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Myth of a valueless China

Steakhouse

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HONG KONG -- As part of its Richer World series, the BBC recently ran exclusive footage of a former senior Chinese Communist Party official meeting with the Dalai Lama in 2012, two years after the last formal talks between the two sides, and praying at a personal shrine he had constructed in his Beijing apartment, complete with the Dalai Lama's picture in pride of place.

In his write-up, BBC reporter John Sudworth claims "the idea that an official would invite the BBC to witness him praying in front of a portrait of the Dalai Lama would seem a preposterous one. Laughable -- insane even." For publishing what is undeniably an interesting story, the BBC should be commended, but for suggesting that any display of religious feeling or sensitivity on the part of the Chinese government is itself akin to a religious miracle, the BBC does a disservice to all those who would seek to truly understand modern China.

The truth is that, despite its media portrayals as a spiritual and cultural wasteland, China is home to more than 200 million people who are either "Buddhists, Taoists or worshippers of legendary figures such as the Dragon King and God of Fortune." China also has 36,000 mosques, 45,000 imams and over 21 million Muslims. By 2030, it will have a Muslim population larger than Saudi Arabia's today and a Christian population larger than any other country in the world. The world's largest publisher of Bibles, Amity Printing Company, is located in the Chinese city of Nanjing.

Unfortunately, when it comes to China, religion is just one example of the mismatch between the mainstream media narrative and the underlying reality.

The transformative changes that have taken place in China have always been accompanied by changes in the way it has been perceived abroad. For many years the conventional wisdom was that China would fail because it was autocratic, corrupt and inefficient. When it did not fail, its critics changed tack to instead accusing it of an empty materialistic success. This "valueless China" narrative claims that spoiled princelings, grasping businessmen and venal officials are all symptoms of a society has sold its soul and replaced its culture and traditions with pure greed. Take this much reported 2013 poll that "Chinese today are just too materialistic," or this Economist cover from August. Entitled 'What China wants," the photo is of a Chinese dragon hungrily eyeing a globe, inside, the caption proclaims that China "does not know how to achieve or deserve [respect]." But this most recent oversimplification is no closer to the truth than any of the old ones.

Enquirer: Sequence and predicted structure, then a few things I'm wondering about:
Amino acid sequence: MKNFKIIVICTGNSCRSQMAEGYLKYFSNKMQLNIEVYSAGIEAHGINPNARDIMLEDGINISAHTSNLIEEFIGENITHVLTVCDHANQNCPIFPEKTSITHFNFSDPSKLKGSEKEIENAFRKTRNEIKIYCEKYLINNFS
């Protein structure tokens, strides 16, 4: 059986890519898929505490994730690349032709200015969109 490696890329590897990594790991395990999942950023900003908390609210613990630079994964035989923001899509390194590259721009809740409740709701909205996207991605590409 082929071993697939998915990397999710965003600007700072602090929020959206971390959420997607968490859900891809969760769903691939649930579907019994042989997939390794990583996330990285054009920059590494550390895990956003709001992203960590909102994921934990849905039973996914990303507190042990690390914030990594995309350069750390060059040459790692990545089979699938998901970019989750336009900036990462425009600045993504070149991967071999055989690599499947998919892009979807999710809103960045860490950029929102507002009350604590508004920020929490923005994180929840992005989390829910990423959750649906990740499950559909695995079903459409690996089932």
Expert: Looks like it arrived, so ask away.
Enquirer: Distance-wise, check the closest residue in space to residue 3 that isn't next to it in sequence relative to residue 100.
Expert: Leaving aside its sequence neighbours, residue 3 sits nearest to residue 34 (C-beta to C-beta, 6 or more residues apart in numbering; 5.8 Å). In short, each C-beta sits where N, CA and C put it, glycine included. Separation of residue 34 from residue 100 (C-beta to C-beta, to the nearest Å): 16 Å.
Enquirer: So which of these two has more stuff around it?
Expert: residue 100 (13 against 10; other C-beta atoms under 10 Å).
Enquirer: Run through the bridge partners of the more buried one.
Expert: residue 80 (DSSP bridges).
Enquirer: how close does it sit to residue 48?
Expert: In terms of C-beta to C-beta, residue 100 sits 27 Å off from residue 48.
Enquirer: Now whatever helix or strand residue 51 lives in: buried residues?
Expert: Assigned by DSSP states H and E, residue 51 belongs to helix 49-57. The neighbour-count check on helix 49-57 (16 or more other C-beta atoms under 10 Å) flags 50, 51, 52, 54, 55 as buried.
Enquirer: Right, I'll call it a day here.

Earlier this year, Chinese President Xi Jinping stated that he was comfortable with allowing the country's rate of economic growth to slow. As of 2012, the Communist Party of China has also written into its constitution the need for the "establishment of ecological civilization."

Talk is cheap, but Xi backed up these words by agreeing to a historic climate deal with the U.S. that will require China to make massive economic changes in order to move away from the coal that currently supplies 80 percent of its electricity. Even a relatively seamless transition will likely reduce China's GDP growth, a tradeoff Xi has publicly stated his government will make if necessary. These are not the actions of a government concerned only with material accumulation.

By numbers alone, China may very well be the most religious country on earth. Much the same is true when it comes to more secular cultural measurements. China graduated 3 million undergraduate students in 2012, almost 25 percent of whom studied either literature, philosophy, history or education. Beijing has the second largest number of museums of any city in the world, with 159, more than New York with 113. The number of people employed in the performing arts in China is 250,000 according to National Bureau of Statistics, nearly twice the number in the United States. Then there is female participation in the labor force, which at 64 percent is far higher than Japan's 48 and India's 29 percent. And when it comes to law and order, which are surely part of a country's culture, China compares extremely well with other nations. China has a lower homicide rate (1 per hundred thousand population per year) than the United States (4.7) and a far lower rate than fellow BRIC economy Brazil (25.2) despite a much lower GDP per capita.